Seven Picks a Week is our guide to what’s worth catching in arts, culture and activities during the week ahead, with contributions from reporters throughout the WNYC/Gothamist newsroom and colleagues from WQXR and “All of It.”
Visit a tribute to New York City’s historic Black press
An installation on view now on the High Line conjures the power of the Black press. “Freedom’s Stand” is named after the first Black-owned and operated newspaper in New York City, Freedom’s Journal, founded in 1827. We spoke this week with Faheem Majeed, the Chicago-based artist and educator who created the piece. His work has been shown around the world, and he recently received the MacArthur and Field Foundation’s Leaders for a New Chicago Award. He’s the co-director of the Floating Museum, an arts collective that brings art to neighborhoods, and was chosen to direct the 2023 Chicago Architectural Biennial. “Freedom’s Stand” is on the High Line at 30th Street through August.
– Alison Stewart, “All of It”
Behold the power of a fully operational jazz trio
The Vijay Iyer Trio album “Uneasy” was recorded in late 2019, but it was released in the midst of the pandemic, and became one of jazz’s critical hits of 2021. It wasn’t hard to hear why: pianist Iyer, bassist Linda May Han Oh and drummer Tyshawn Sorey summoned creative music that pushed and pulled worryingly, reflecting the era in which it was born and made. By the time the musicians got to play the music live – at the Village Vanguard, in January 2022 – the tension was almost a superpower. They explored every musical thread with a tautness and fierceness that made their interplay almost funky–and certainly louder and more dynamic than any piano trio out there. As they come a year later to play at Columbia University’s Miller Theater on Saturday, one can only imagine their improvisational force. Find out more here.
– Piotr Orlov
Catch a screening of “The Night of The Hunter” and other cult classics
“The Night of the Hunter” is a ‘50s film noir/horror thriller about a religious fanatic (played by the iconic Robert Mitchum) who preys on a widow and her kids to try to get some stolen money. The movie routinely shows up on lists of the greatest movies of all time, but it was a flop when it was released, and ended up being the only feature film Charles Laughton directed. You can catch it on a big screen tonight and tomorrow at the Museum of the Moving Image as part of their film series “Snubbed: Great Movies, No Nominations,” which highlights beloved and cult classic American films which scored no Oscar nominations. Further offerings include Robert Altman’s shaggy Raymond Chandler homage, “The Long Goodbye,” the Rolling Stones’s Altamont documentary, “Gimme Shelter,” and the Safdie Brothers’s modern Passover classic, “Uncut Gems.” Get all the ticket info here.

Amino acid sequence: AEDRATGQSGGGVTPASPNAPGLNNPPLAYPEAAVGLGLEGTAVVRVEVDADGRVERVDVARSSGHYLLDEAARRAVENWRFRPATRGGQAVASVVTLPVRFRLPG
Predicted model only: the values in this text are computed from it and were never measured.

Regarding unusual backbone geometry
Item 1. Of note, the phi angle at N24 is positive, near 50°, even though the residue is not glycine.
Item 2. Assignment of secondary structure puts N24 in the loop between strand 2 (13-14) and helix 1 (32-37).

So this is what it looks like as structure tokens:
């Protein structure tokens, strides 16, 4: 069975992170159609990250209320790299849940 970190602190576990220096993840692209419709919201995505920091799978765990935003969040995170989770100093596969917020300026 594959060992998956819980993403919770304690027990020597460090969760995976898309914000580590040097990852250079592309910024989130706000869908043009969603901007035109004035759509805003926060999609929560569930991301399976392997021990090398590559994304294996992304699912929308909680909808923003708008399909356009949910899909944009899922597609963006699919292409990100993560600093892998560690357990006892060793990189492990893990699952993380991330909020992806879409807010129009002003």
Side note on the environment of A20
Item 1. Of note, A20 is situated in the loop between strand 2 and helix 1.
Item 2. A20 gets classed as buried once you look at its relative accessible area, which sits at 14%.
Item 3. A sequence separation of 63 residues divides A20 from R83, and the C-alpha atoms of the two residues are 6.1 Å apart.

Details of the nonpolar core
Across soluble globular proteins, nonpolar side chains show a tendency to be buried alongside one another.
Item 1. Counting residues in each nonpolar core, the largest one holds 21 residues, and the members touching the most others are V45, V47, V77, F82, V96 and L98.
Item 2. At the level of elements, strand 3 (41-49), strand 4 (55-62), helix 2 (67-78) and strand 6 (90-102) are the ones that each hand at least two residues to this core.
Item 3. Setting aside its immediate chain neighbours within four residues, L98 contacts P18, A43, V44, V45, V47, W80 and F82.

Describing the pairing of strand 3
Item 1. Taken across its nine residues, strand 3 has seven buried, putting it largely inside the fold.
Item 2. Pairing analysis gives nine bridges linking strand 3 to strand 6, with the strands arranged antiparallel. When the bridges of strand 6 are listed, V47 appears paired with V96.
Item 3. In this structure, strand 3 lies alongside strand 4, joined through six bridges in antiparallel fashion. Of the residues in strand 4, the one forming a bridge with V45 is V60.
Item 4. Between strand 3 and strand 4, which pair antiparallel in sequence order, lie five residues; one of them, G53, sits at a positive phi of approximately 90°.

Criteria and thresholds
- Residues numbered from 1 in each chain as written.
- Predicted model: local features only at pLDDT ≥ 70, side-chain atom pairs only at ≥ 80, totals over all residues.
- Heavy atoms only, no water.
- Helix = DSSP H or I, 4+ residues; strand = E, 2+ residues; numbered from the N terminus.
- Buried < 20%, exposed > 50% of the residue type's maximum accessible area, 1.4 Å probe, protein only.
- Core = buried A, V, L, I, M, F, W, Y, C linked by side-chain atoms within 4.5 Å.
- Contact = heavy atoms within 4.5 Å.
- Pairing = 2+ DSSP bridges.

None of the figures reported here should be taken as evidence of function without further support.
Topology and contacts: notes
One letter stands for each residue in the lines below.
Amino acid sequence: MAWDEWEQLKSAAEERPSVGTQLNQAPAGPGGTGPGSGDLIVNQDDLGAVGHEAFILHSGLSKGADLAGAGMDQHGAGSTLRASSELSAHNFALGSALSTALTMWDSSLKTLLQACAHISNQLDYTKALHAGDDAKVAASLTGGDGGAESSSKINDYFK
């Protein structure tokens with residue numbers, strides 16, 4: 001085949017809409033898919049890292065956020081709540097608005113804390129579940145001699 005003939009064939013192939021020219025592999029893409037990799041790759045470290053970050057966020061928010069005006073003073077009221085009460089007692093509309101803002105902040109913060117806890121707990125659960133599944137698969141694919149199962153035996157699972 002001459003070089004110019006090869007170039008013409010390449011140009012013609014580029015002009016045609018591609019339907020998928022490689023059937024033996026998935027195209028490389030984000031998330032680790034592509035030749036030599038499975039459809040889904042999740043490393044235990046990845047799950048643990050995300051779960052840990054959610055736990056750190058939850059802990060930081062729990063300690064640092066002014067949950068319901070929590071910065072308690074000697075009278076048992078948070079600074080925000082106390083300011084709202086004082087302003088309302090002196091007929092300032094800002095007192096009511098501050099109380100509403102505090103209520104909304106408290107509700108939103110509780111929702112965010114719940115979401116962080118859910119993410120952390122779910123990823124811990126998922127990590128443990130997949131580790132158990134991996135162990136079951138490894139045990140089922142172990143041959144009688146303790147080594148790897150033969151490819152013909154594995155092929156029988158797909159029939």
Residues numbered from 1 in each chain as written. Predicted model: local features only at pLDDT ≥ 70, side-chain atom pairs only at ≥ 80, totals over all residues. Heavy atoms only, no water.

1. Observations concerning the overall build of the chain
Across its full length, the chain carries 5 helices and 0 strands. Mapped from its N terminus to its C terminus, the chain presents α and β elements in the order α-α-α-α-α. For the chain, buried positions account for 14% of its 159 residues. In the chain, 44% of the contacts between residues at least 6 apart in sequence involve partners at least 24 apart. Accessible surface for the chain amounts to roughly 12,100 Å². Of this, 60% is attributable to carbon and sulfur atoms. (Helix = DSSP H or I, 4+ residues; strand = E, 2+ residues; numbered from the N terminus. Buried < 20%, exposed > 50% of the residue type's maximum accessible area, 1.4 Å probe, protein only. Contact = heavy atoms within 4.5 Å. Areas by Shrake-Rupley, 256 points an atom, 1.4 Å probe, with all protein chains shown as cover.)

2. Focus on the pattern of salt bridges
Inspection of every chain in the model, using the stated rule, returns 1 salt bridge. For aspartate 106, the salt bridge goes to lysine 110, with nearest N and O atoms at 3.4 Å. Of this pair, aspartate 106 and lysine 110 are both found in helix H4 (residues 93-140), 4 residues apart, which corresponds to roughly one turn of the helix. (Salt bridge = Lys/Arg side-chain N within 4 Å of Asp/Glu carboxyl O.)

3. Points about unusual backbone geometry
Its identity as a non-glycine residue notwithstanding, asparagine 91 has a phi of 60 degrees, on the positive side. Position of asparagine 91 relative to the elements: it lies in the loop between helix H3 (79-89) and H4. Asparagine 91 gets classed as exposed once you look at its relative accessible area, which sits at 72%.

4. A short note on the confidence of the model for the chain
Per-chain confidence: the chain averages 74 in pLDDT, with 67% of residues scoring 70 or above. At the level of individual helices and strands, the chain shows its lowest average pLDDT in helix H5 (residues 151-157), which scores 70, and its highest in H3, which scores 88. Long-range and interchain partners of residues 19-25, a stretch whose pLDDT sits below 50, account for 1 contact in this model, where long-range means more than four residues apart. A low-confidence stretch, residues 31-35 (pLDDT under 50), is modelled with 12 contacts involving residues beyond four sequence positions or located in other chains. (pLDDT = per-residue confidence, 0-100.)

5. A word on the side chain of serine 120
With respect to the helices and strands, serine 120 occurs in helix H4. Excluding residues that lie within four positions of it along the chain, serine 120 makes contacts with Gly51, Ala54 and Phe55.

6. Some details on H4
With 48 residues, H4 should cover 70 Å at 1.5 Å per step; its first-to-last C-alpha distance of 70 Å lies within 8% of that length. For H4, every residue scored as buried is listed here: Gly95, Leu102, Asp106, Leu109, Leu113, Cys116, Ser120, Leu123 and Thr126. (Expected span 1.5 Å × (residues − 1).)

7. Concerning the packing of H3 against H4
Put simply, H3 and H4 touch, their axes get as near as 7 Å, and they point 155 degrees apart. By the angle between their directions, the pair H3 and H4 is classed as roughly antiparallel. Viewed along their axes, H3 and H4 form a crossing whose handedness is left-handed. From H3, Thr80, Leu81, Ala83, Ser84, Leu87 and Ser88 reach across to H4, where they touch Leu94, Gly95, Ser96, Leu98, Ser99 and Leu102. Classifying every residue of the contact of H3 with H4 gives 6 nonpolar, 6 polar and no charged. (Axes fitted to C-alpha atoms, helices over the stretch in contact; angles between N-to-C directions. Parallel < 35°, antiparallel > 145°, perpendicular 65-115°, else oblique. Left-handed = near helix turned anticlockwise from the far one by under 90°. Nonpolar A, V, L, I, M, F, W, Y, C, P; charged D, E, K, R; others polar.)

– Ben Yakas
Hear an electrifying contemporary approach to indigenous American music
I don’t know the Pow Wow artist Joe Rainey, a musician esteemed for taking indigenous American music in ingenious new directions. But I love the curation of the Kaufman Music Center’s Ecstatic Music series, and the fact that Rainey is collaborating with Owls, an ensemble whose members cross genres with the greatest of ease. Two members of Owls, Ayane Kozasa and Alexi Kenney, have been participants in WQXR’s Artist Propulsion Lab. So I’ll be making my way to Merkin Hall tonight! The concert starts at 7:30 p.m., tickets cost $25, and you can order them here.
– Ed Yim, WQXR
Have a laugh with Ophira Eisenberg… in the only show with a “scar competition”
Got mixed feelings about a scar? You’re in good company: Comedian, podcast host and master storyteller Ophira Eisenberg debuts her solo show in Manhattan this week, and it’s all about scars: how she got them, and how she lives with him. “Leaving a Mark: A Comedy about Scars” explores body acceptance and healing. Each night will feature a special guest storyteller, and include the audience in a “scar competition.” It’s on Thursdays through Saturdays at 7 p.m. at the SoHo Playhouse, and the last night is Feb. 17. Tickets start at $31.
– Kerry Shaw
See artistic expressions of Black history and culture
The exhibition “Heritage: Exploring the Past, Present, and Future in Black Art” just opened at Central Park’s Arsenal Gallery. Organized by NYC Parks’ Ebony Society and Art and Antiquities, the presentation features works by Parks’ employees, who explore matters of lineage and cultural history in varying mediums. Also on view are a selection of vintage hip-hop flyers and invitations produced by the Ebony Society, founded in May 1985 with the purpose of “uniting Parks & Recreation’s African American community, increasing African American visibility, and recognizing those who make outstanding contributions to Parks & Recreation and their communities.” The exhibition runs until March 9; learn more here.
– Precious Fondren
Celebrate a versatile jazz pianist’s milestone birthday
This weekend at The Jazz Gallery, pianist Ethan Iverson is celebrating his 50th birthday tonight and tomorrow night. Iverson’s best known as a founding member of The Bad Plus, the iconoclastic trio that turned Blondie and Black Sabbath into jazz standards. He stepped away from that band in 20-17. As a solo artist, he’s worked with venerable elders as well as peers and contemporaries. Iverson performs tonight with the premier rhythm section of bassist Buster Williams and drummer Billy Hart; tomorrow, he’s leading the quirky combo he devised for “Pepperland,” the Beatles homage he scored for the Mark Morris Dance Company. Sets are at 7:30 and 9:30 p.m. each night, and if you can’t attend in person, you can stream the shows online for a modest charge. Get the details here.
– Steve Smith